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Q – I am currently in a fixed rate mortgage, is it worth swapping mortgage deals as the rates are much lower at present?

A – Hi, this all depends on how much of a saving can be made on the new mortgage deal, versus (1) the penalty you would have to pay to exit your current mortgage deal and (2) the costs involved in securing the new, lower mortgage rate.

In my experience, the savings that can be made rarely outweigh the penalties you have to pay. The good news is that it is a very quick exercise to check and to give you peace of mind. A good mortgage broker can have this checked for you within 5 minutes (at no cost)  and all you need to know is how much your redemption penalty is and when the fixed rate period ends.

There are some exceptional circumstances when clients swap into the lower rate, regardless of whether this is financially beneficial for them. This is very rare and is only ever done / considered when a client is desperate for an immediate monthly saving. I would advise anyone to avoid this scenario where possible.

On a final note, these new and lower mortgage deals can be secured up to 6 months in advance of when your current mortgage deal expires, so it is always worth an exploratory chat.

Contact us now for a FREE mortgage consultation with our mortgage advisor, for added peace of mind that you are dealing with a multi award winning mortgage broker.

Mortgage Approvals Fall in February

Mortgage approvals for house purchases have been steadily rising over the past few months, but February proved to be the month when all that changed. Approvals fell by 1.2% in February – the first time a fall has been noted for six months. January saw 69,114 mortgage approvals granted, and this fell by 799 to 68,315 in February. The new figures come from data released by the Bank of England.

Remortgaging loans also experienced a fall, dropping from the 45,859 seen in January to 43,822 in February – a drop of 2,037. The total drop across all mortgage types was almost 3,000, sliding to 125,622 total mortgage approvals for the month.

Darren Pescod, managing director of The Mortgage Broker, suspects this is a blip in the mortgage market based on month on month figures. “We may well see a slowdown in the housing market this year,” Darren said, “but this could be mitigated by a lack of housing, which might keep prices higher than they would otherwise be. Consumer spending is down when compared to January this year too, which may mean consumers are feeling more cautious. This in turn could have a knock-on effect on the housing market.”

How big a role does the economic outlook play in house purchases?

If there are signs that significant changes could come into play, people are more prone to holding back on major purchases. This applies just as much to buying property as it does to other major buys. January saw a rise of £1.6 billion in consumer spending, but this fell to £1.44 billion in February. People may be uncertain of the future with the triggering of Article 50 and the beginning of the Brexit process. This may affect the market in the coming months.

The referendum did not have any such effect when the Brexit vote became clear, but since it would be some time before the official notification was made, it’s possible there is a delayed reaction. Conversely, this may simply be a blip, and we may all be surprised by more encouraging figures next month.

Credit card lending rose last month, however, reaching an increase of 9.3% as it did so. This was the highest rise in 11 years. Credit is perhaps more easily available in credit card form than it is against a property, or indeed to find a mortgage to buy a property. This goes some way to explain why mortgage approvals have dipped, and credit card borrowing has risen. Many people would rather borrow on credit cards to keep up their lifestyle, especially when they are looking to make the best of their current situation.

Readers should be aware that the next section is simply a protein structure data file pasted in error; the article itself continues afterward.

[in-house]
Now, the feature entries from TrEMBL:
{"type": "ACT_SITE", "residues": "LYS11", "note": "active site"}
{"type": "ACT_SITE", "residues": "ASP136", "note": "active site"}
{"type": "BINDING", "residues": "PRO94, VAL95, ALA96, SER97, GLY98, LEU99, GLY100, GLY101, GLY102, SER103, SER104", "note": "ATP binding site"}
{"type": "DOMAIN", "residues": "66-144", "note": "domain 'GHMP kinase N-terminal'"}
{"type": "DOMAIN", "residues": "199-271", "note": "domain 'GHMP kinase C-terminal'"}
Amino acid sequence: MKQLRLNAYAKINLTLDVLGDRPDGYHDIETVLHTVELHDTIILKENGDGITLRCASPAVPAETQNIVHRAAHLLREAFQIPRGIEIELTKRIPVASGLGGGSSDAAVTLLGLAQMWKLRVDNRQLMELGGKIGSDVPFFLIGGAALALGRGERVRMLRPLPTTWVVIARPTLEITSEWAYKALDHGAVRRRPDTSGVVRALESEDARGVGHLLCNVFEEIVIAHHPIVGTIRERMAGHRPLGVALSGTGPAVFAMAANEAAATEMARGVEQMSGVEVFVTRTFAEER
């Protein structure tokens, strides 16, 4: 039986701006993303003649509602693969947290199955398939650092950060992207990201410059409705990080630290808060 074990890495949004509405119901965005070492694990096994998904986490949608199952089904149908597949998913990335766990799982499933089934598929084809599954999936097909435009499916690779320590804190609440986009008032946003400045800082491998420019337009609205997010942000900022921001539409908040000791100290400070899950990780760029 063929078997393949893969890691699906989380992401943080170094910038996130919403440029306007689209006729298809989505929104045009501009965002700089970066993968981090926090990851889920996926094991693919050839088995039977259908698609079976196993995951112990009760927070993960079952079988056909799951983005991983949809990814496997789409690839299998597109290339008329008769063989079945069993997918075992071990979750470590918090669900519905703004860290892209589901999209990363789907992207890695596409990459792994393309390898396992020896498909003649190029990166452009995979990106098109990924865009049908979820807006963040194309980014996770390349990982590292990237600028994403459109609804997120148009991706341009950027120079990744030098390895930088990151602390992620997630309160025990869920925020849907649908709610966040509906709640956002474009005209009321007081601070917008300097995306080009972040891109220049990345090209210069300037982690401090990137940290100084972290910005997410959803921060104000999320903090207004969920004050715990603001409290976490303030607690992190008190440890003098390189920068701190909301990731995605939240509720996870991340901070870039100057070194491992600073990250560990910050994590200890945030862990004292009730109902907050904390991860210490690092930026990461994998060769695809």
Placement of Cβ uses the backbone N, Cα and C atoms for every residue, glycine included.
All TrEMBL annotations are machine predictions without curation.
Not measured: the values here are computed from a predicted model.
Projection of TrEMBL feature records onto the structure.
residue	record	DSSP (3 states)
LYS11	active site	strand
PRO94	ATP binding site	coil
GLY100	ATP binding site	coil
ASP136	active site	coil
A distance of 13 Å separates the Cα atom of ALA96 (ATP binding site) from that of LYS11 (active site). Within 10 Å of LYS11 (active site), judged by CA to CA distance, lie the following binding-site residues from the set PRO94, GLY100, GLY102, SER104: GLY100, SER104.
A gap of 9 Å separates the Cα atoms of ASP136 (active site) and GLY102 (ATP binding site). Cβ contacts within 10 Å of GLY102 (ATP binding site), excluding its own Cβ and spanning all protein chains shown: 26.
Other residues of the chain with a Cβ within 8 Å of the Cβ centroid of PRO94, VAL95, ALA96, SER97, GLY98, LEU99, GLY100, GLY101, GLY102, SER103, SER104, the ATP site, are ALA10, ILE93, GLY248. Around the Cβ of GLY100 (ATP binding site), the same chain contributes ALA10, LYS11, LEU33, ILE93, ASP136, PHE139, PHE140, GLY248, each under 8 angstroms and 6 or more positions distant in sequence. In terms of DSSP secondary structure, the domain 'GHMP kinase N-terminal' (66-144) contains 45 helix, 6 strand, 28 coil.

It remains to be seen whether the figures for March reveal another dip in mortgage approvals, or whether February might turn out to be little more than a blip. Will that dip early in the year represent a clue to a more prolonged slide in the housing market, and if so, how long might that slide last? We shall be watching.    


Many landlords are saddled with lenders on less than competitive interest rates, or stuck on higher standard variable rates making them virtual mortgage prisoners, according to The Mortgage Broker Ltd, a nationwide broker providing mortgages to buy-to-let landlords and investors.

Landlords may feel imprisoned by the new ‘affordability’ testing, which is being undertaken by lenders.  As a result, some landlords are suffering expensive mortgage rates, which are eating into their profits each month, or even forcing them into a loss.  The new lending rules means some lenders will have to take into account a landlord's other expenses such as their tax status.  It will be on this stricter lending that landlords will be assessed to see if they can afford to borrow.

According to Darren Pescod, Managing Director of The Mortgage Broker Ltd, often landlords do not fit this new lending criteria. He comments: “Britain's two million landlords are facing assaults from both the taxman and the Bank of England. The mortgage restrictions are very bad for landlords and pose a major threat to BTL investments.  If landlord mortgages are tougher to secure, buy-to-let landlords could find themselves stuck on expensive rates indefinitely.

Thankfully, the Ipswich Building Society has returned to the mortgage market with two new buy–to-let products, specifically aimed at buy-to-let prisoners or ‘misfits’. The good news is that the lender will only assess rental income at 125% of the mortgage pay rate. Ipswich

Building Society has also confirmed it will accept remortgage applications from selected intermediaries and its prestige partners, of which The Mortgage Broker Ltd is one.

“This new move will increase the options available to landlords looking to remortgage, where they may be restricted by the FCA rules for calculating mortgages for buy-to-let landlords.”